These are once-reliable bases of support for the Tory Party, which is now languishing behind in the polls as a result of Truss’ kamikaze decisions. Some surveys put the gap between Labour and the Tories at as much as 39 percentage points.
Faced with electoral annihilation, and looking to save their own skins, many Tory MPs will likely rebel against the austerity measures proposed by Sunak and Hunt. After all, those in ‘Red Wall’ seats won in 2019 on the basis of promising constituents a ‘levelling up’, not years of further decline and devastation.
A large fraction of the Tory Party – both in Parliament and amongst the membership – is already opposed to Sunak, who they believe to be a ‘backstabber’ and a ‘socialist’. For these frenzied, frothing fanatics, it is a case of ‘Boris or bust’. And pledges of further fiscal discipline and retrenchment will only intensify the mutinous moods and divisions within the party.
The ruling class will therefore not get the stability they desire from Sunak’s premiership. Instead, British capitalism is on course to enter even-more perilous waters. And having their desired helmsman at the tiller will make little difference.
Attempts to restore the economic equilibrium will serve as the spark for further political and social explosions – not only within the Tory Party, but above all from the labour movement.
Sunak’s austerity agenda comes on top of 12 years of attacks on jobs, pay, and conditions; at a time when the trade unions are already mobilising, and the working class is awakening and flexing its muscles.
Public sector unions are balloting for action, with higher education staff in the UCU voting overwhelmingly in support of strikes over pay and pensions, and nurses, teachers, and civil servants likely to follow suit.
The stage is therefore set for a winter of discontent; a sharp confrontation between this latest Tory government and the working class; in short, for an all-out class war.
In this context, a section of the ruling class is weighing up the option of a general election, hoping that a right-wing Starmer government could come in and do the dirty work required to fix Britain’s finances – at workers’ expense.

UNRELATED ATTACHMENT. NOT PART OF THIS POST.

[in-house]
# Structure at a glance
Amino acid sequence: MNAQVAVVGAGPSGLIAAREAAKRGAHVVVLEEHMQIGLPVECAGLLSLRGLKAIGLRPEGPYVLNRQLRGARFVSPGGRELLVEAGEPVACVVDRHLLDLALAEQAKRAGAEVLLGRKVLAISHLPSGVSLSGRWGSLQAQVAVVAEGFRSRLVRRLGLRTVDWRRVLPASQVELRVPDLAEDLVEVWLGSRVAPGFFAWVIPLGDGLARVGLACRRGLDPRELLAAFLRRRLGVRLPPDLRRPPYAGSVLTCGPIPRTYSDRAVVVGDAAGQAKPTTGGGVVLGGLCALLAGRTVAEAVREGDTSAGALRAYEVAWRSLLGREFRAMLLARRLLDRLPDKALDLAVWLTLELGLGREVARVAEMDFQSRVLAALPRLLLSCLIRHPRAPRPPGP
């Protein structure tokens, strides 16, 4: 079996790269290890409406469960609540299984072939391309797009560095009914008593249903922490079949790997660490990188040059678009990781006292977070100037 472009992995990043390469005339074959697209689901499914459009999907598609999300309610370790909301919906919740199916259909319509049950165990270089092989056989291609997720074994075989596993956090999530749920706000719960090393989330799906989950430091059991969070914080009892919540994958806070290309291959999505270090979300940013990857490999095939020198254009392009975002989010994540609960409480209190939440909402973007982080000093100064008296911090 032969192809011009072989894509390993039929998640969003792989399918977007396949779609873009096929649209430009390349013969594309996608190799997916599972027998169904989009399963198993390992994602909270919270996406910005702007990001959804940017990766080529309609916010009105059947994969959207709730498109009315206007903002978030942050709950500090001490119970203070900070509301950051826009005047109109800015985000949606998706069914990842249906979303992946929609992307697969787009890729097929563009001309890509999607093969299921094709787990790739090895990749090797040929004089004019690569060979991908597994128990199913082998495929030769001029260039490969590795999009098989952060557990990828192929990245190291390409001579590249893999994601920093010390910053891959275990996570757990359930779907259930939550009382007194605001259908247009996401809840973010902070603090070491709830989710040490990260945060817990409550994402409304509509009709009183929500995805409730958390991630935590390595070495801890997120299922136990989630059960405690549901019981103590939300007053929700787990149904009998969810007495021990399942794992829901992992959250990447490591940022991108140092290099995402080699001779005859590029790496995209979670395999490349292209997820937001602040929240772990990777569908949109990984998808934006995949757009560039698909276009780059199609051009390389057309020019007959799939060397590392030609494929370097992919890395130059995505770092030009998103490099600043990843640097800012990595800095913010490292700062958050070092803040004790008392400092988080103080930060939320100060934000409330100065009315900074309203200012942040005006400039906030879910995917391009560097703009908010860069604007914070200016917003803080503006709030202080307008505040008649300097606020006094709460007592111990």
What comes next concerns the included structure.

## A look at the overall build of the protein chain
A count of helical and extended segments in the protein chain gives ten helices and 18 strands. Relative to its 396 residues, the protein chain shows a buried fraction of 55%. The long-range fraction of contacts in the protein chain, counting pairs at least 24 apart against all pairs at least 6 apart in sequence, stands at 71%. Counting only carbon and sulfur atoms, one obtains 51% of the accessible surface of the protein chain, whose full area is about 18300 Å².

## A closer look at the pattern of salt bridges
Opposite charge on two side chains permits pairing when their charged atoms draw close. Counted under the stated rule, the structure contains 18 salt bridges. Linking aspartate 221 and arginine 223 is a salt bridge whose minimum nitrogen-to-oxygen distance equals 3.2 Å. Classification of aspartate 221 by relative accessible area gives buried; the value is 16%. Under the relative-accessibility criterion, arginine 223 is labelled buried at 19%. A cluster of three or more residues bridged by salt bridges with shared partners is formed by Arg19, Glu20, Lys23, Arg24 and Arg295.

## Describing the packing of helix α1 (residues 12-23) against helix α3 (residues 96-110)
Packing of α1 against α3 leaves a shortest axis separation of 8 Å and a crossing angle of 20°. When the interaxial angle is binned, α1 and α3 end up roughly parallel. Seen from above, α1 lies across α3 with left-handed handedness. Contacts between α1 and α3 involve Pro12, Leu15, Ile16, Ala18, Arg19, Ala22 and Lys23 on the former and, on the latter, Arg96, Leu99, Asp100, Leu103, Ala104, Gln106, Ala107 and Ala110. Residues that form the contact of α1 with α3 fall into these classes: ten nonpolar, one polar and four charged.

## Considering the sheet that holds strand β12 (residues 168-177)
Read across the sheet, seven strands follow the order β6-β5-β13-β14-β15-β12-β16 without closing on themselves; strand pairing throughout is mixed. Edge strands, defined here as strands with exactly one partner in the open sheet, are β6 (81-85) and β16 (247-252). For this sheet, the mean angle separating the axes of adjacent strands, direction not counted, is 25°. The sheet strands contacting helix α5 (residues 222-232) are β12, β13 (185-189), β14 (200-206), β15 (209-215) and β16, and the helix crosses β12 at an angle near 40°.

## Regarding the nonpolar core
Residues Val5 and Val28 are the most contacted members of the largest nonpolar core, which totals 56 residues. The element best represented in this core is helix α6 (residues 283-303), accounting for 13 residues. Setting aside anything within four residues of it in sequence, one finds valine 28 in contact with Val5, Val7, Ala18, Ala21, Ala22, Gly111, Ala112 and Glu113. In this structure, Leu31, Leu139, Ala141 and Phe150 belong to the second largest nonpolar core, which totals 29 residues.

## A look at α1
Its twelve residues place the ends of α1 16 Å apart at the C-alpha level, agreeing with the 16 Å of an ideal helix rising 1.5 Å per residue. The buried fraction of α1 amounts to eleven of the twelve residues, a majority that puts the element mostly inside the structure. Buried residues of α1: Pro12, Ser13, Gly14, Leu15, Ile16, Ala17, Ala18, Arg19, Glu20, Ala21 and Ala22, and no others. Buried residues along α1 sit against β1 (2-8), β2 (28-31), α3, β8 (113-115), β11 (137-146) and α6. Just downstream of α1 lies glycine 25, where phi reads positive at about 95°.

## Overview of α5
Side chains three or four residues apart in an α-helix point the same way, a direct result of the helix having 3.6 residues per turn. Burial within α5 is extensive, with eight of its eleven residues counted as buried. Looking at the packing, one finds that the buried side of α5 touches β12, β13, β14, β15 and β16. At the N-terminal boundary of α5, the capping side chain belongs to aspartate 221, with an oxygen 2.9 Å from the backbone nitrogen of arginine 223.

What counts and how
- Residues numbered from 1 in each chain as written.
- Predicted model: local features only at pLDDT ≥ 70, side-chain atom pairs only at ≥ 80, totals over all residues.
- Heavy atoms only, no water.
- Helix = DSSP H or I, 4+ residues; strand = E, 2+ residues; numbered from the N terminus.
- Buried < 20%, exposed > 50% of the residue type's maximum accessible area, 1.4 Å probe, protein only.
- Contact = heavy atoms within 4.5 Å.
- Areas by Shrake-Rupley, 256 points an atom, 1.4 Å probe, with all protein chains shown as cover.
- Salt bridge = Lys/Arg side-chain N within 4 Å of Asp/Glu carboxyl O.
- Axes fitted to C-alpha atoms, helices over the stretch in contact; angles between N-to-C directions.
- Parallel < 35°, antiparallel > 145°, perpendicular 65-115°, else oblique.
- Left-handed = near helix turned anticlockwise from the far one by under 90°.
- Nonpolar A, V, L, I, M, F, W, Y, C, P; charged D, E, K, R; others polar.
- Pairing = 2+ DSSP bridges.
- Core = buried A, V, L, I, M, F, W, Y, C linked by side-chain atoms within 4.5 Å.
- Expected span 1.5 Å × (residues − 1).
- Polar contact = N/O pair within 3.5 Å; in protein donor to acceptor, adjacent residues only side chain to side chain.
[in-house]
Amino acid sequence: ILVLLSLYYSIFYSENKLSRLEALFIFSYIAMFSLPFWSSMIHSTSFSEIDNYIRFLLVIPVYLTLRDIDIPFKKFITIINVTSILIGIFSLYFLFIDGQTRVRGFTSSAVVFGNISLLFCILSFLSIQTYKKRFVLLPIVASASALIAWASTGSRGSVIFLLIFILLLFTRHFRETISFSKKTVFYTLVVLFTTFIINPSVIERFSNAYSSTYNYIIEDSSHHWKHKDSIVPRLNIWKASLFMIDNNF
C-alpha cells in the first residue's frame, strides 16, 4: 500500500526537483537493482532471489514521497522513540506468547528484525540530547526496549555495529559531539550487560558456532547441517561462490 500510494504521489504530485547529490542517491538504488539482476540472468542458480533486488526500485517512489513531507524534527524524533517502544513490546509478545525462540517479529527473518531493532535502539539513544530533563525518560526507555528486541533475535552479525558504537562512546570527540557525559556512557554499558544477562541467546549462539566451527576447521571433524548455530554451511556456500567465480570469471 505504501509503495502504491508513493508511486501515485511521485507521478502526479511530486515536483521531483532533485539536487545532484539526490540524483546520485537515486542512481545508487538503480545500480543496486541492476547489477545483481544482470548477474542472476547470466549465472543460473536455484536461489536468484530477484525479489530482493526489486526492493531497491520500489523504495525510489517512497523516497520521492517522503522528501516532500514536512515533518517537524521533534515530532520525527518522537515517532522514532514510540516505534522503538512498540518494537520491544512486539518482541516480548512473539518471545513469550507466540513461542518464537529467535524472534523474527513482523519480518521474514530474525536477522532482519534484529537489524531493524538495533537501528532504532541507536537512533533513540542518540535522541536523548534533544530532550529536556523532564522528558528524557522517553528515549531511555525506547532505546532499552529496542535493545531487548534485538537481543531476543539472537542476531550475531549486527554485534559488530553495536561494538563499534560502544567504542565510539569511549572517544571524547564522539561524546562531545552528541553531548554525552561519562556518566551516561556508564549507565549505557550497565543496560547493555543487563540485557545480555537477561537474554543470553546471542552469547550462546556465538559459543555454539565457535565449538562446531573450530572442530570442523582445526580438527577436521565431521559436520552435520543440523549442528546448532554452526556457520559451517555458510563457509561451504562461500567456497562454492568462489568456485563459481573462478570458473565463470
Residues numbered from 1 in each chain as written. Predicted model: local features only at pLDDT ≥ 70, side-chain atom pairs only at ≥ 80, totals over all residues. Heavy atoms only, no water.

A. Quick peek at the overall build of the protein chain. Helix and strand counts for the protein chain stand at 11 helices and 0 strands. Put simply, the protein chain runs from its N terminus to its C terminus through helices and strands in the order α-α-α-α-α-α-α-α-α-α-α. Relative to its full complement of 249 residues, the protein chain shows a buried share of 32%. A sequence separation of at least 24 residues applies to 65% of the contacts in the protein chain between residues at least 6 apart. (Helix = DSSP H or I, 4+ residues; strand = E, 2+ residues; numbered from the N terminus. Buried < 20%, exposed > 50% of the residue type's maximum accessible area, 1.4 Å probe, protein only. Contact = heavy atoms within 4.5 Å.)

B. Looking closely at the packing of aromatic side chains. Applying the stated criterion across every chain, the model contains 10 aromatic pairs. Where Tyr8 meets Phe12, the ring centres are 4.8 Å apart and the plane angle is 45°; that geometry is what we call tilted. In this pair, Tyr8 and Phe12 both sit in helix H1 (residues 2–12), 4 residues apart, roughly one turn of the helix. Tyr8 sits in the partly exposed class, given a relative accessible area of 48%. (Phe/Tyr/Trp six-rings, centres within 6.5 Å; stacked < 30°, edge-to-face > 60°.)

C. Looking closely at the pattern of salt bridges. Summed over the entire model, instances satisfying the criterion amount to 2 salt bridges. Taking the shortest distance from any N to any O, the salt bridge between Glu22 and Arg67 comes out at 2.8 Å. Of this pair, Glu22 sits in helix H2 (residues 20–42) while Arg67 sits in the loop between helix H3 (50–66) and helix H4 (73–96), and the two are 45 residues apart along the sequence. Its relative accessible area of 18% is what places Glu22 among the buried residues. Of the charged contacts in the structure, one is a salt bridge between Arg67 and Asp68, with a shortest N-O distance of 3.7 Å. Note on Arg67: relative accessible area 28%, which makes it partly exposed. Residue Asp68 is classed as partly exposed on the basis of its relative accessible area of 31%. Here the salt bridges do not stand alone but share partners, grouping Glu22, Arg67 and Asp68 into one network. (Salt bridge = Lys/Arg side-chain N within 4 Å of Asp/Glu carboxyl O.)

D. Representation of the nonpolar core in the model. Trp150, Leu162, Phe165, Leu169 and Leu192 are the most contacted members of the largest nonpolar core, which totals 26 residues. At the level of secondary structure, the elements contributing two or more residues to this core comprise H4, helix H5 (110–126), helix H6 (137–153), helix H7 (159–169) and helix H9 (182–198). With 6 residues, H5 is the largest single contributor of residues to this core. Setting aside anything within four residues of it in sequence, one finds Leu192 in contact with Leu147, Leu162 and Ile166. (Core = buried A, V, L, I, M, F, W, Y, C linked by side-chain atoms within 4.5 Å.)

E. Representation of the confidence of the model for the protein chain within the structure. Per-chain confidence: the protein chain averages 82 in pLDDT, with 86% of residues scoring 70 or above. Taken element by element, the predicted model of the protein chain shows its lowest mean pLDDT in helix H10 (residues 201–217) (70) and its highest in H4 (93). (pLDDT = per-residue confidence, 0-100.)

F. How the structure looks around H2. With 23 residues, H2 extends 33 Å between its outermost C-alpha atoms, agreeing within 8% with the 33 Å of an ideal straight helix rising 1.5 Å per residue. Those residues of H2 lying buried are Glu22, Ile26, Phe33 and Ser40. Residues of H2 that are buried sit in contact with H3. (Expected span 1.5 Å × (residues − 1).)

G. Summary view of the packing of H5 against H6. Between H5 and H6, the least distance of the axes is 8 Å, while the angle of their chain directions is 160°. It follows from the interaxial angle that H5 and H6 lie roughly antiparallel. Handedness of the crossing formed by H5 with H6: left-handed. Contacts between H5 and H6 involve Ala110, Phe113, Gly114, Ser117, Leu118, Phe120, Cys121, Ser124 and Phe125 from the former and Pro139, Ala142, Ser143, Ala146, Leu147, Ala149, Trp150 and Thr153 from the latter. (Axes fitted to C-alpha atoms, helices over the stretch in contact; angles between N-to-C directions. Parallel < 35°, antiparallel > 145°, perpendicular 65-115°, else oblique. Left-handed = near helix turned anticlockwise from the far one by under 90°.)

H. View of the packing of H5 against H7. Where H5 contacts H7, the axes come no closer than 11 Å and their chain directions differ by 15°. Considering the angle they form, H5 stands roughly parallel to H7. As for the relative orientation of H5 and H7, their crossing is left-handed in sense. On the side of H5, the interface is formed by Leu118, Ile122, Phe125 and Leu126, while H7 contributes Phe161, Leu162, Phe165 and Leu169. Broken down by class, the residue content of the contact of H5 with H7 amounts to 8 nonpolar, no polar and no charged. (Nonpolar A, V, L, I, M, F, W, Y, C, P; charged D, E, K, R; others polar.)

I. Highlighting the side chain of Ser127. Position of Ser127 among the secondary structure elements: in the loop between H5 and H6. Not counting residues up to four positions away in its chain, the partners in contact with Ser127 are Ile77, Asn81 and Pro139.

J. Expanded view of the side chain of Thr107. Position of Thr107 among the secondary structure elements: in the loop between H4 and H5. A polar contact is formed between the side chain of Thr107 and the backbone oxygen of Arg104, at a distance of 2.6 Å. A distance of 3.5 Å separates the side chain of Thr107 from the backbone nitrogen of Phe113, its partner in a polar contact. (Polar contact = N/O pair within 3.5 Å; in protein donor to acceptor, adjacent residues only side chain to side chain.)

‘Sir’ Keir Starmer, a loyal servant of the establishment, has made it clear that he would be willing to play such a role, promising ‘responsible’ economics – that is, obediently carrying out the diktats of big business.
Such a Labour government, however, even with a landslide majority, would be a government of crisis from day one. Carrying out the orders of the capitalists, it would have nothing to offer workers and youth but Tory-lite policies of austerity.
This, in turn, would lead to upheaval across the labour movement – and to a further shake-up and radicalisation of consciousness within the working class, preparing the conditions for revolutionary eruptions across society.
In the final analysis, the problem is not about who resides in Downing Street, but about the bankrupt system that they defend.
The world economy is heading towards a new world slump. British capitalism is a sinking ship. And even the most experienced, dependable captain would not be able steer it clear of the iceberg that looms on the horizon.
Lest we forget, the ruling class once considered David Cameron to be a reliable representative – before he gambled away their fortunes with the Brexit referendum, all in pursuit of his own narrow political interests.
Similarly, Theresa May was lauded as a ‘safe pair of hands’ – before she too gambled by calling a snap election, losing the Tories’ majority in the process.
And after Boris Johnson led the Conservatives to victory in 2019, mainstream commentators across the board were naively predicting that the Tory Party would rule unimpeded for a generation.
But as we, the Marxists, predicted at the time, contrary to the pessimism pervading the rest of the left, Johnson’s government would soon be revealed to have “dynamite built into its foundations”.
Now this combustible material is igniting, with explosive repercussions.
Britain is therefore heading into a revolutionary epoch. The ideas of class struggle and socialism are back on the agenda.
What is needed is a mass campaign of action to kick out all the Tories – and the rotten capitalist system that they defend.
As RMT leader Mick Lynch has asserted: “We need an uprising!”
All the conditions for revolution are maturing. The ruling class is split. The middle classes are in ferment. The working class is on the move, looking for a path out of capitalism’s impasse.
What is missing is the fourth – and most decisive – factor: that of a revolutionary leadership, which can point the way forward for workers and youth.
The task of building such a leadership falls on us. We have no time to waste.